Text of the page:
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MySQLi, what’s the difference between standard queries and prepared statements?

You may have heard of prepared statements, but don’t quite understand the differences. In this post I’m going to try and help you with that. Well, with your standard query, you would get your information, escape it for safety, build your query and execute.

<?php
/* instantiate our class, and select our database automatically */
$sql = mysqli('localhost','user','password','database');
 
/*
let's assume we've just received a form submission.
so we'll receive the information, and we'll escape it
*/
$name  = $sql->real_escape_string($_POST['name']);
$age   = $sql->real_escape_string($_POST['age']);
$email = $sql->real_escape_string($_POST['email']);
 
/* build the query, we'll use an insert this time */
$query = "INSERT INTO `tablename` VALUES ('$name','$age','$email');";
 
/* execute the query, nice and simple */
$sql->query($query) or die($query.'<br />'.$sql->error);
?>

So, what is an advantage to doing this? An advantages is you can view the full query prior to running it, simply by echoing it out. How does this help? It lets you make sure that your query is building properly before you start executing it.
What is a disadvantage? Well, you have to escape each string for security purposes, that takes a little more time than some people may like to spend.

And how about prepared statements?

<?php
/* instantiate our class, and select our database automatically */
$sql = mysqli('localhost','user','password','database');
 
/*
let's assume we've just received a form submission.
so we'll receive the information, and we'll escape it
this step is not necessary, but why not.
*/
$name  = $_POST['name'];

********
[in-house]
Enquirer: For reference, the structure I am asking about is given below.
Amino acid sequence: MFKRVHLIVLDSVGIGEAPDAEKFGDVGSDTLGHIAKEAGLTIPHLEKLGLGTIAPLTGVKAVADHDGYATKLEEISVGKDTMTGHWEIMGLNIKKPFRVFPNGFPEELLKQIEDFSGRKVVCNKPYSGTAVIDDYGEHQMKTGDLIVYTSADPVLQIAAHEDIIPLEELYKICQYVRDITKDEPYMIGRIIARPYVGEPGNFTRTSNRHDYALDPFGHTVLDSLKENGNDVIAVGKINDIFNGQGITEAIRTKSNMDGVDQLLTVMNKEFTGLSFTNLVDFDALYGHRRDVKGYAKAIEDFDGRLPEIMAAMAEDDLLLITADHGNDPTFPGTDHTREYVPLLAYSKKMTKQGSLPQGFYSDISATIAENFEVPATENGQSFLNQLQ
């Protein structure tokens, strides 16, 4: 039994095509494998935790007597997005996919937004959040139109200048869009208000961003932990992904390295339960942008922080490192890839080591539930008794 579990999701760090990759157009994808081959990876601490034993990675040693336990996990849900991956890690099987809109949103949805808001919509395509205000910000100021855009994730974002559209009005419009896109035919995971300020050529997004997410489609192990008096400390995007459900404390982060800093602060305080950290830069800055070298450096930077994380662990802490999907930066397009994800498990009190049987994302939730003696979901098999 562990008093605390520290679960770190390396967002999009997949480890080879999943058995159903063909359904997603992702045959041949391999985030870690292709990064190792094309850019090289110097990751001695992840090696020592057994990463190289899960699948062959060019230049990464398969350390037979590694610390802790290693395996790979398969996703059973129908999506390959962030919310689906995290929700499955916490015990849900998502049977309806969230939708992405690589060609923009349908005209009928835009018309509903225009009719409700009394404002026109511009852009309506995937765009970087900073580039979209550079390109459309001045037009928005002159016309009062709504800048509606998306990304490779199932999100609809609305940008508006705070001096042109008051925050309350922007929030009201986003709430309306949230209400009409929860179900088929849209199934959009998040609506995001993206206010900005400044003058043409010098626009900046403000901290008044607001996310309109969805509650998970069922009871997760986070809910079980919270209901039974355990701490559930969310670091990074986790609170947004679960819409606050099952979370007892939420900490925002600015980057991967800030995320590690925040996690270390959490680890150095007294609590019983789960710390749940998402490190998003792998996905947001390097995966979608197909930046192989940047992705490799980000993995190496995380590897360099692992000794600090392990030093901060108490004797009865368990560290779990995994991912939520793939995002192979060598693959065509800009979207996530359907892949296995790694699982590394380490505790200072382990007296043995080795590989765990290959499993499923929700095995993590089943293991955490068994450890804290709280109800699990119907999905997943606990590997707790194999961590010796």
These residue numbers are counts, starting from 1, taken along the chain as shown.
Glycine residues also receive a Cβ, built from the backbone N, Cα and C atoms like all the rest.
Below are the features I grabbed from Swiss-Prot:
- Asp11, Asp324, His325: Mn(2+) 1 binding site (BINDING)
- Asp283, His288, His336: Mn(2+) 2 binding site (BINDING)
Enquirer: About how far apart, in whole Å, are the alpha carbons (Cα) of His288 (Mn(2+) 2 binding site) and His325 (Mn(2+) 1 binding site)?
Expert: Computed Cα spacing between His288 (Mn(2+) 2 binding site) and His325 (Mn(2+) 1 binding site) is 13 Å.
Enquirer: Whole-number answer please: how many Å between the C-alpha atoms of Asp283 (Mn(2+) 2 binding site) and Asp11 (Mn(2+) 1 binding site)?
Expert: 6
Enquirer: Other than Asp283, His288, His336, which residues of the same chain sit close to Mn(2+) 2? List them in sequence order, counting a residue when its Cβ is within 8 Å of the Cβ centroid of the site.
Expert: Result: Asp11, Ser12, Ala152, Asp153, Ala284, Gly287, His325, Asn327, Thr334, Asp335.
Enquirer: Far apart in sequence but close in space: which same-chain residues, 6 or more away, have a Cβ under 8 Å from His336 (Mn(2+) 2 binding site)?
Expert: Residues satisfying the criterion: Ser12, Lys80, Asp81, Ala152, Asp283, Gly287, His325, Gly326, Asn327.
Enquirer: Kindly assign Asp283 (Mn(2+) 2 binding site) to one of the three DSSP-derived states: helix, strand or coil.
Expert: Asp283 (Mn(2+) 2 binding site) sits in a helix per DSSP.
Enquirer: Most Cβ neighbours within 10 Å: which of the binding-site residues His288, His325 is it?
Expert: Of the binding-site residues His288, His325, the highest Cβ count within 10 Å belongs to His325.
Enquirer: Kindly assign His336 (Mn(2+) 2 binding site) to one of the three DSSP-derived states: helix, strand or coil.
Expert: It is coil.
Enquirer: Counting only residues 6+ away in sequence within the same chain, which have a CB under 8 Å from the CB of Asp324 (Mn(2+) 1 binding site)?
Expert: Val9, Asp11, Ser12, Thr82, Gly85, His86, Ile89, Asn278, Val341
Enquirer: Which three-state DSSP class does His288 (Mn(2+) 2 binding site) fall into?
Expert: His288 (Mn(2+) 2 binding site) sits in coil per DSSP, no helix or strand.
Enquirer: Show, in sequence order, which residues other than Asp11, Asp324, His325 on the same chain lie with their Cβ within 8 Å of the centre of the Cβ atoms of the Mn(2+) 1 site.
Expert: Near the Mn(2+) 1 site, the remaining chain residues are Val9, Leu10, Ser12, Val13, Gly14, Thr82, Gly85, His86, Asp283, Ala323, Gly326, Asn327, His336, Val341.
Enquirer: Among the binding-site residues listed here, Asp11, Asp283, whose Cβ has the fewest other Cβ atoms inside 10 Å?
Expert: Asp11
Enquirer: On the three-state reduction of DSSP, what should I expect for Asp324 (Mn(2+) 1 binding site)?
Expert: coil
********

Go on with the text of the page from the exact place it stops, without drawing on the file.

$age   = $_POST['age'];
$email = $_POST['email'];
 
/* build the query, we'll use an insert this time */
$query = $sql->prepare("INSERT INTO `tablename` VALUES ('?','?','?');");
 
/*
bind your parameters to your query
in our case, string integer string
*/
$query->bind_param("sis",$name,$age,$email);
/* execute the query, nice and simple */
$query->execute();
?>

The beauty of these prepared statements is there are fewer steps, and you need not escape the parameters because the bind_param() will do that for you.

So prepared statements are best suited for queries that take user input, such as an INSERT or UPDATE query, or a DELETE or SELECT with a WHERE clause.

Hope that helps.

By Mike on April 16, 2011 | MySQLi, PHP
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PHP Tutorial: Ternary Logic, (?:) shorthand if/else

So you may have been looking through a PHP script you downloaded and seen a bit of logic that you didn’t even know was possible. What you probably saw was Ternary Logic, it had a question mark and a colon (?:) in use, making it more confusing for you. Well not any more, here comes the clarifier. The easiest way to do this is take a long hand if/else and then create a ternary logic statement to match it. So let’s try that.

<?php
/* we'll set a $gender variable, typically you will already
 have your variable set elsewhere */
$gender = 'male';
 
/* so we'll create a basic if/else */
if ( $gender == 'male' ) {
    $title = 'Mr';
} else {
    $title = 'Mrs';
}
echo $title;
/* that makes sense right? */
/* we can shorten that easily, using ternary logic */
$title = ($gender == 'male' ? 'Mr' : 'Mrs');
echo $title;
/* Also instead of putting our result into a variable, we can just
as easily put it in-line with our code, if we want to */
echo  "Hello " .($gender == 'male' ? 'Mr' : 'Mrs'). ". Smith, how are you?";
/* in our case this will output: "Hello Mr. smith, how are you?" */
 
?>

So as you can see the ternary logic form, if you were to read it as english, would read something like “$title gets the value of ‘Mr’ if $gender is equal to male, and ‘Mrs’ if $gender is not male.”

“Ok, that’s fine, but what if I want to return a true or false value?” Well that’s even easier! Let’s try it:

<?php
/* explicitly tell PHP to return a true or false */
$result = (1+1==2 ? true : false);
 
/* or imply that you want a true or false like so: */
$result = (1+1==2);
echo ($result ? '$result is true' : '$result is false');
 
?>

The above second example $result will set $result to have the return value of the expression (1+1==2) which, as far as I know is true.

And there we go, a very basic example of ternary logic, practice makes you better, so practice lots. I hope you found this helpful.

By Mike on April 1, 2011 | PHP, Tutorials
Tags: , , , ,